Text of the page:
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It's primary election day in Virginia

A MARTÍNEZ, HOST:

In Virginia, today is the final day of voting in what has been a very expensive primary season.

MICHEL MARTIN, HOST:

Republicans took control of the House of Delegates and the governor's mansion two years ago. The competition is expected to be intense in the general election this fall. But first, both parties are dealing with brand-new legislative maps.

MARTÍNEZ: Following all of this is Margaret Barthel of member station WAMU. Margaret, tell us all about this primary.

MARGARET BARTHEL, BYLINE: Yeah, A, the big story here is that Virginia's latest redistricting process really shook things up politically. It drew quite a few older incumbents into the same districts, which prompted retirements. And we're talking people with a lot of power who've been shaping this body for a while. Both Senate majority and minority leaders, for instance, are retiring after this year. Redistricting also created some entirely new districts. And it emboldened quite a few primary challengers to go up against some of the remaining incumbents.

MARTÍNEZ: Yeah, so depending on how races go today, it sounds like it could be a very different-looking legislature after November.

BARTHEL: Yeah, exactly. If incumbents struggle to hold onto their seats, that could mean still more turnover. People in the Democratic Party in Northern Virginia are especially concerned about loss of experience and influence among the regional delegation. And some voters are, too, like Marsha Marinich (ph).

MARSHA MARINICH: If we lived in a safer country right now where, you know, people were not leaning towards ideologies and so forth, I might vote for a less experienced person. But right now, I'm looking at experience.

BARTHEL: But the challengers still have a shot. Their campaigns have a lot of money. Some of them have spent nearly $1 million already. And they're making the case for a younger, more diverse, more progressive vision of the Democratic Party.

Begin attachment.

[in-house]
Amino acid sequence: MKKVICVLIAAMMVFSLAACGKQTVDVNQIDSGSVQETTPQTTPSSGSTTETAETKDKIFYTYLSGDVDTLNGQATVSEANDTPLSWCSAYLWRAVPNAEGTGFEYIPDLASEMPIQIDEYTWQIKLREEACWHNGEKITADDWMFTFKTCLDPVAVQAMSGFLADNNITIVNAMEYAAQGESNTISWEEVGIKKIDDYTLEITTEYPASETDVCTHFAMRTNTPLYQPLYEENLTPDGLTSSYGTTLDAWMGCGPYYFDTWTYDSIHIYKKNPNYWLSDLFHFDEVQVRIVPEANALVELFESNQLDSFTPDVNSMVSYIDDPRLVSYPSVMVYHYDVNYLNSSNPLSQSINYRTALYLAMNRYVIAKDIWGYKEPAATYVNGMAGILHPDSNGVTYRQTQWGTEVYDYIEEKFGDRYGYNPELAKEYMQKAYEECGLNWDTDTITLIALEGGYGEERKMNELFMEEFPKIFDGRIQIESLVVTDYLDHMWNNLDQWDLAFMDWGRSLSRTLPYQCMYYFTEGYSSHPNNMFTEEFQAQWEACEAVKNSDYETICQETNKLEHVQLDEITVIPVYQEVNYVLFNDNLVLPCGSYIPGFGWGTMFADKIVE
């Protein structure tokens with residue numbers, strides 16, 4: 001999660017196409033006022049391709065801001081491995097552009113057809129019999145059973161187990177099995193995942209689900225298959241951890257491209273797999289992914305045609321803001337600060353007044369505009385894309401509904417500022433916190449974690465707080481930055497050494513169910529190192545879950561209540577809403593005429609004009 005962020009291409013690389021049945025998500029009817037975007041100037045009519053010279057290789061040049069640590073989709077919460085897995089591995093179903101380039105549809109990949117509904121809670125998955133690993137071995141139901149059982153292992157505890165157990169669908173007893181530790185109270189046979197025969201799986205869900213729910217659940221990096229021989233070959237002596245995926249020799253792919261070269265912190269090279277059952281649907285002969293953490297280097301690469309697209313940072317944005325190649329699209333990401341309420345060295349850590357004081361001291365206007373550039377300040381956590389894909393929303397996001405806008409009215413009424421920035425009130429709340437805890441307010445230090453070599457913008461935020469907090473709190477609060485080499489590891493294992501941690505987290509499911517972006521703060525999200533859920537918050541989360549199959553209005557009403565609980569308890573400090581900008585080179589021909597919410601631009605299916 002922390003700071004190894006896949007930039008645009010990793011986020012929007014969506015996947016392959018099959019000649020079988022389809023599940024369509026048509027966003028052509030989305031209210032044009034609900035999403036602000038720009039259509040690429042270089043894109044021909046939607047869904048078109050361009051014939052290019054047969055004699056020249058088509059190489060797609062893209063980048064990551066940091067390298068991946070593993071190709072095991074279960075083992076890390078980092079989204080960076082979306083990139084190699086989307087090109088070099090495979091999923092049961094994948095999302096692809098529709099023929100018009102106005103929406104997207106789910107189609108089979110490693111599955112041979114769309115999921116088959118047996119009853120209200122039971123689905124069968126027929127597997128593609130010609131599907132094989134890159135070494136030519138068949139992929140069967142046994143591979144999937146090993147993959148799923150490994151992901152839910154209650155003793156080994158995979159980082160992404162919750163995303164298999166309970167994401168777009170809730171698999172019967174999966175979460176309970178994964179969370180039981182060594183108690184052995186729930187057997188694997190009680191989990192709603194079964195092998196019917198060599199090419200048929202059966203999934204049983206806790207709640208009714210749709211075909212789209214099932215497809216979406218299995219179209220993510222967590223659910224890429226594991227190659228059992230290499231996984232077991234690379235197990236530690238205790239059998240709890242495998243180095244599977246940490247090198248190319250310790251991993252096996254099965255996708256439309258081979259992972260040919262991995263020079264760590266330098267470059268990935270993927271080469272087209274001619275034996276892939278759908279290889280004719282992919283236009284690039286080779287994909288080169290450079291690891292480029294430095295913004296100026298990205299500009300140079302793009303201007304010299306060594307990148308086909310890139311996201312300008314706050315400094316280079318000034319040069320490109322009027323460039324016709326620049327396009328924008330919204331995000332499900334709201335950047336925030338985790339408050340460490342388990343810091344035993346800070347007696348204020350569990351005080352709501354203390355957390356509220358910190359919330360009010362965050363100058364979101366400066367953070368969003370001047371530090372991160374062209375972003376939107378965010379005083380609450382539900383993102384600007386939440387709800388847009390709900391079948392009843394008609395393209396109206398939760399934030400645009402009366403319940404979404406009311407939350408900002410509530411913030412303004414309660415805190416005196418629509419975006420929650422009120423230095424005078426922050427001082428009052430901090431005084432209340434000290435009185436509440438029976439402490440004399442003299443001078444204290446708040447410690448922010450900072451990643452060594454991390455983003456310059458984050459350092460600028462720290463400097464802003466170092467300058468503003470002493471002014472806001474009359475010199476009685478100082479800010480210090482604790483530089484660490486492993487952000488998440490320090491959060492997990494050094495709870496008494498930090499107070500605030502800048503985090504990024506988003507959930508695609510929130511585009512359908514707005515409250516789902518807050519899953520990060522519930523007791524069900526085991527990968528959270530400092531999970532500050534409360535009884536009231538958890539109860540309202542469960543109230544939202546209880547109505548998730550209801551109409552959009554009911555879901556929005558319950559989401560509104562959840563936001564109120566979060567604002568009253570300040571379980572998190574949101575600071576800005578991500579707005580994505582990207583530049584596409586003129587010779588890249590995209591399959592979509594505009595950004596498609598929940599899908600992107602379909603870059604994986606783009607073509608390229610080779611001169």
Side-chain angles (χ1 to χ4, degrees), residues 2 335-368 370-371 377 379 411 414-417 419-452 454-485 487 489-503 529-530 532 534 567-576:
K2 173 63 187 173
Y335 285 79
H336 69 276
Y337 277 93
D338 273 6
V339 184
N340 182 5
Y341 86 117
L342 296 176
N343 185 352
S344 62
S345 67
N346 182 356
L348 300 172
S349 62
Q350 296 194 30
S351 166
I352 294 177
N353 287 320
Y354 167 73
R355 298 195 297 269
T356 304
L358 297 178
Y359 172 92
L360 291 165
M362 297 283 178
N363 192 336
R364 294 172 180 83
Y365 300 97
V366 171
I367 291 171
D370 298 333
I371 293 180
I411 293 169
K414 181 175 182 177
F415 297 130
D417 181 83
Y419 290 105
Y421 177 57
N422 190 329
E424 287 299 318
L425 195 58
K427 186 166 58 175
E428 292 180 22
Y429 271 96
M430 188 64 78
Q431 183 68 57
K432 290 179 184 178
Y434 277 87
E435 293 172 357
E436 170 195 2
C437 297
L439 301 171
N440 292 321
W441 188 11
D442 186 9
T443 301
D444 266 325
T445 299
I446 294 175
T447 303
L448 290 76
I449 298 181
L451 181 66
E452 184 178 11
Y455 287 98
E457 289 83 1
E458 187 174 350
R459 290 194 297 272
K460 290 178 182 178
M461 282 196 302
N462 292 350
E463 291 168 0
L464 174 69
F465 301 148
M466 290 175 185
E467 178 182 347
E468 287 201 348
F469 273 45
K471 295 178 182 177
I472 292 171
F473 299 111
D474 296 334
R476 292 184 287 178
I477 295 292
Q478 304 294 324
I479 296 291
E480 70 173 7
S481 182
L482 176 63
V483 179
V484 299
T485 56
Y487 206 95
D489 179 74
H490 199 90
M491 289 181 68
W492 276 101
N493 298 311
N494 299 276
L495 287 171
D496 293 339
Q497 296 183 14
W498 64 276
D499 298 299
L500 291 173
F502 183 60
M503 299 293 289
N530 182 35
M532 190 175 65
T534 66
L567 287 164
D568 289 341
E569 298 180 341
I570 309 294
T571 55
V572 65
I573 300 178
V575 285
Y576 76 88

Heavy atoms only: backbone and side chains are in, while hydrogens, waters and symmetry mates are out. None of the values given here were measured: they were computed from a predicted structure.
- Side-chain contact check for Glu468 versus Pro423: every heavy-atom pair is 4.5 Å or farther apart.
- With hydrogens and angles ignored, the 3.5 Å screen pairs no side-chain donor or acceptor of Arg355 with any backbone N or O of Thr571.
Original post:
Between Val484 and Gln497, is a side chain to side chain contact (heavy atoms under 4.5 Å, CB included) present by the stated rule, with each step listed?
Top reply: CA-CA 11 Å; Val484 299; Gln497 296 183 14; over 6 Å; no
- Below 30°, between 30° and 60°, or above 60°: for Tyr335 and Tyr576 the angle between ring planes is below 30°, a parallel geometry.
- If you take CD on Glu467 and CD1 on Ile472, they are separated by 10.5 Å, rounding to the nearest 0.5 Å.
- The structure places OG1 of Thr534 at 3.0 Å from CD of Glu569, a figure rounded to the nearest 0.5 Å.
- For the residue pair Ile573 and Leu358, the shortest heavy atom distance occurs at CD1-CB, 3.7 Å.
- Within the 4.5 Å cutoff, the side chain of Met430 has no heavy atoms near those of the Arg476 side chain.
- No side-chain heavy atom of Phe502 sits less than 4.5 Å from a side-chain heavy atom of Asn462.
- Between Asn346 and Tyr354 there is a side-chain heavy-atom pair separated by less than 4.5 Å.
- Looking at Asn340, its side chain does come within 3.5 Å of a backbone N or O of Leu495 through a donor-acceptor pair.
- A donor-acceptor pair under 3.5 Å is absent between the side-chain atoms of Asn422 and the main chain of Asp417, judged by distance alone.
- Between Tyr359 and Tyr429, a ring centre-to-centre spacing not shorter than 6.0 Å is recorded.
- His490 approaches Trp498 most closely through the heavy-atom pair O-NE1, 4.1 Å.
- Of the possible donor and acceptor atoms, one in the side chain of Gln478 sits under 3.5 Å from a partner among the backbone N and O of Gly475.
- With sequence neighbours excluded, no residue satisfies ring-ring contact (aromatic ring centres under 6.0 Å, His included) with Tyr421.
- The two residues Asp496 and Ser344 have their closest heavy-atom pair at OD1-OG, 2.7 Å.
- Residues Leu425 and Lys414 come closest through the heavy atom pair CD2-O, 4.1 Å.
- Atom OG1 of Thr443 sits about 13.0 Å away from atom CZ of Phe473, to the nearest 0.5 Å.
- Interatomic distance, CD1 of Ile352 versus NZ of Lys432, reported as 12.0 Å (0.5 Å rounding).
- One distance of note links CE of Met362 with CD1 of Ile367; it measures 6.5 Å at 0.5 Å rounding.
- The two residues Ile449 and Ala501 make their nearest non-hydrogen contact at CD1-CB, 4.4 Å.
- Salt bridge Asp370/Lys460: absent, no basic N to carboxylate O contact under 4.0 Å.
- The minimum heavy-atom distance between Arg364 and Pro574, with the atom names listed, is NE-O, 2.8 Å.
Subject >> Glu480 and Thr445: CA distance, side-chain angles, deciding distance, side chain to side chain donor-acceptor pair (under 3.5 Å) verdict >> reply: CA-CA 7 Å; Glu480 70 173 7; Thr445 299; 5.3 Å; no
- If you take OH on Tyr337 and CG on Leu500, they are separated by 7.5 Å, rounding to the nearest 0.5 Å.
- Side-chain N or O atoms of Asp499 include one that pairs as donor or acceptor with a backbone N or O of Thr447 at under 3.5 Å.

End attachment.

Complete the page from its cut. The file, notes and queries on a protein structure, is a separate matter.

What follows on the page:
MARTÍNEZ: Now, Republican Governor Glenn Youngkin's victory in 2021, I think, surprised some because it seemed like the state was trending blue. What GOP priorities has he been able to get done while taking office?

BARTHEL: Yeah, he's definitely had some key wins, probably one of the biggest is a big tax cut that he got through in the budget deal last year. But because Democrats have control of the state Senate, they've been able to block a lot of the stuff on Youngkin's agenda - think things like a 15-week abortion ban and school choice legislation. And so for someone who's kind of flirting with presidential ambitions, like Youngkin is, not getting those cultural conservative wins is a bit of a problem.

MARTÍNEZ: All right. How about the races today on the Republican side?

BARTHEL: Yeah, there are a few more competitive contests that pit these kind of establishment Republicans versus further-right challengers. Youngkin has tended to support more establishment candidates when he has endorsed. And more broadly, he's got a lot riding on who ultimately wins control of the General Assembly in November, of course. And his political action committee is really gearing up for that. Earlier this spring, they announced they had nearly $3 million in the bank, which is record-setting.

MARTÍNEZ: Margaret Barthel is of WAMU. Margaret, thanks for checking in.

BARTHEL: My pleasure, A.

(SOUNDBITE OF TRIOSENCE'S "WALTZ FOR ANDREA (LIVE)") Transcript provided by NPR, Copyright NPR.

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A Martínez is one of the hosts of Morning Edition and Up First. He came to NPR in 2021 and is based out of NPR West.
Margaret Barthel